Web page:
Colonel Duffié’s division started from Centreville for Middleburg, by way of Thoroughfare Gap, but finding the enemy (W.H.F. Lee’s brigade) were already in the Gap, they went around through Hopewell Gap and kept on to Middleburg, which Duffié reached about 9:30 A.M.
     The battle of Bunker Hill was upon the 17th and that of Waterloo on the 18th of June.  It was the fortune of the First Rhode Island Cavalry to be in action upon both anniversaries in the year 1863, and the history of the regiment for these two days is one of disaster, but not of dishonor.

     Early in the morning of June 17, 1863, the following order was received:
     Col. A.N. Duffié First Rhode Island Cavalry:
You will proceed with your regiment from Manassas Junction by the way of Thoroughfare Gap, to Middleburg; there you will camp for the night, and communicate with the headquarters of the Second Cavalry Brigade.  From Middleburg you will proceed to Union; thence to Snickersville; from Snickersville to Percyville; thence to Wheatland, and, passing through Waterford, to Nolan’s Ferry, where you will join your brigade.

     The day was bright with sunshine, and the regiment, numbering two hundred and eighty sabers, took the road without a thought of the future.  At Thoroughfare Gap privates Duxbury, Lee and Teft, of Company H, were in the advance; Duxbury meets a Confederate cavalry picket, and fires his carbine but misses his enemy, at that time on a full gallop in retreat.  A few shots came from the woods, but our skirmishers soon drove the pickets back upon a larger force.  

      “There are six hundred of them, I think,” said Duxbury to Captain Chase; “There are at least twice as many as there are of us.”  In the skirmish three of our horses were killed and several horses were wounded, but none of the troopers were hit.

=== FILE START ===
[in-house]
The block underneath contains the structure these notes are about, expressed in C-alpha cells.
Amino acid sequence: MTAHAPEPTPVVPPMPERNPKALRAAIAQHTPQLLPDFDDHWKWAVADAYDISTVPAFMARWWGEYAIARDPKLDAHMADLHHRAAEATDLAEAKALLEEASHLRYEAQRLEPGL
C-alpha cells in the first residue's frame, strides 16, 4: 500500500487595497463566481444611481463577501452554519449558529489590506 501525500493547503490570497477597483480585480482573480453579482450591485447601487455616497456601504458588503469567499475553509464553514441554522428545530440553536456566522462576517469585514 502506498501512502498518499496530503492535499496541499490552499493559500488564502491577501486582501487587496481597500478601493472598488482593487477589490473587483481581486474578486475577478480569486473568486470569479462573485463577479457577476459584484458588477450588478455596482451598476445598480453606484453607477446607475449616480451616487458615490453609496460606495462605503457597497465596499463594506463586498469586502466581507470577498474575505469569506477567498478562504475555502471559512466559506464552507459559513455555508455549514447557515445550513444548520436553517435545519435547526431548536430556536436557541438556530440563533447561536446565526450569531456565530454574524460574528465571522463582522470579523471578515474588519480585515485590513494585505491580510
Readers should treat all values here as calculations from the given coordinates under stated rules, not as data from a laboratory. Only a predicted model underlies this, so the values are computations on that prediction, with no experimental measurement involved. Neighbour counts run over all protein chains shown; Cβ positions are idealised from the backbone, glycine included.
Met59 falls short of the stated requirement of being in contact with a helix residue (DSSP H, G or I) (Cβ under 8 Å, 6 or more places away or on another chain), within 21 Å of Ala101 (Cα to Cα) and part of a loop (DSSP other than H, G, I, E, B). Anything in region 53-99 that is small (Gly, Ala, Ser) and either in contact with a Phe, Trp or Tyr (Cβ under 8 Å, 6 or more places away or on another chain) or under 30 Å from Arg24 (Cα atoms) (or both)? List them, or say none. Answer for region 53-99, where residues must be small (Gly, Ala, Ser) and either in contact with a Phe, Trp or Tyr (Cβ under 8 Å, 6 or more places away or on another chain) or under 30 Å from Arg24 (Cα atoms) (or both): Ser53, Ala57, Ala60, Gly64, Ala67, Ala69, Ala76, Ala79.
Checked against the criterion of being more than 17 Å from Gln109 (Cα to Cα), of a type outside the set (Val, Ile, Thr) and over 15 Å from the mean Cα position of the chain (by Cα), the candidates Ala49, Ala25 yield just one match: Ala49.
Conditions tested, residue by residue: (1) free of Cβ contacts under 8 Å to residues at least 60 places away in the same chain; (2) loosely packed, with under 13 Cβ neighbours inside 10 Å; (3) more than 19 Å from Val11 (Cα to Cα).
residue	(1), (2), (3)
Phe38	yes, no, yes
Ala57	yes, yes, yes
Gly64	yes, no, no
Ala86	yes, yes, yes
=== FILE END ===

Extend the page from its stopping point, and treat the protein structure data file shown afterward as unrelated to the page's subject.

Having passed through the Gap and reached the desired road, Duffié turned to the right and pressed forward towards Middleburg, some fifteen miles away.  In thus obeying orders, Duffié left behind him W. H. F. Lee’s brigade, under command of Col. J.R. Chambliss, estimated as twelve hundred men, while at Aldie Gap, fifteen miles further north in the mountain range, now enclosing the Rhode Island troops on the east, Fitz Lee’s Brigade consisting of the First, Second, Third, Fourth and Fifth Virginia, were that day to hold their position against our entire cavalry corps under command of General Pleasanton.

     General Robertson’s brigade, ten thousand strong, was at Rector’s Cross Roads, eight miles west of Middleburg, in which town General Stuart, commanding these three Confederate brigades of cavalry, was enjoying the hospitality of his friends, protected only by a body guard of three companies.  At 4 P.M. the First Rhode Island struck Stuart’s pickets, and at once charged them, driving Stuart and his staff out of Middleburg on the gallop, escaping capture only by reason of the superior speed of their fresh horses.  At this time Fitz Lee’s brigade had been engaged at Aldie, only five miles away, for two hours with Kilpatrick’s troopers, holding the Gap against charge after charge of our brave cavalry men.

     General Stuart thought the force that had penetrated to the very centre of his troopers must be a large one, and at once sent orders to Roberson’s, Fitz Lee’s, and W.H.F. Lee’s brigades to concentrate upon Middleburg.  Duffié has obeyed orders; he is in Middleburg where he is ordered to remain for the night; he does not know that at Aldie, five miles in his rear, Colonel Munford, commanding Fitz Lee’s Brigade, is holding our whole Cavalry Corps at bay.  A movement of the First Rhode Island on Aldie would have struck the Confederate rear and changed defeat to victory, but this is imagination, not history, and in accordance with our orders Capt. Frank Allen, with two men, was sent to Aldie with a dispatch for Pleasanton, and I know of no better description of his ride then the following official report:

Report of Capt. Frank Allen, First Rhode Island Cavalry.
Alexandria, Va., June 22, 1863.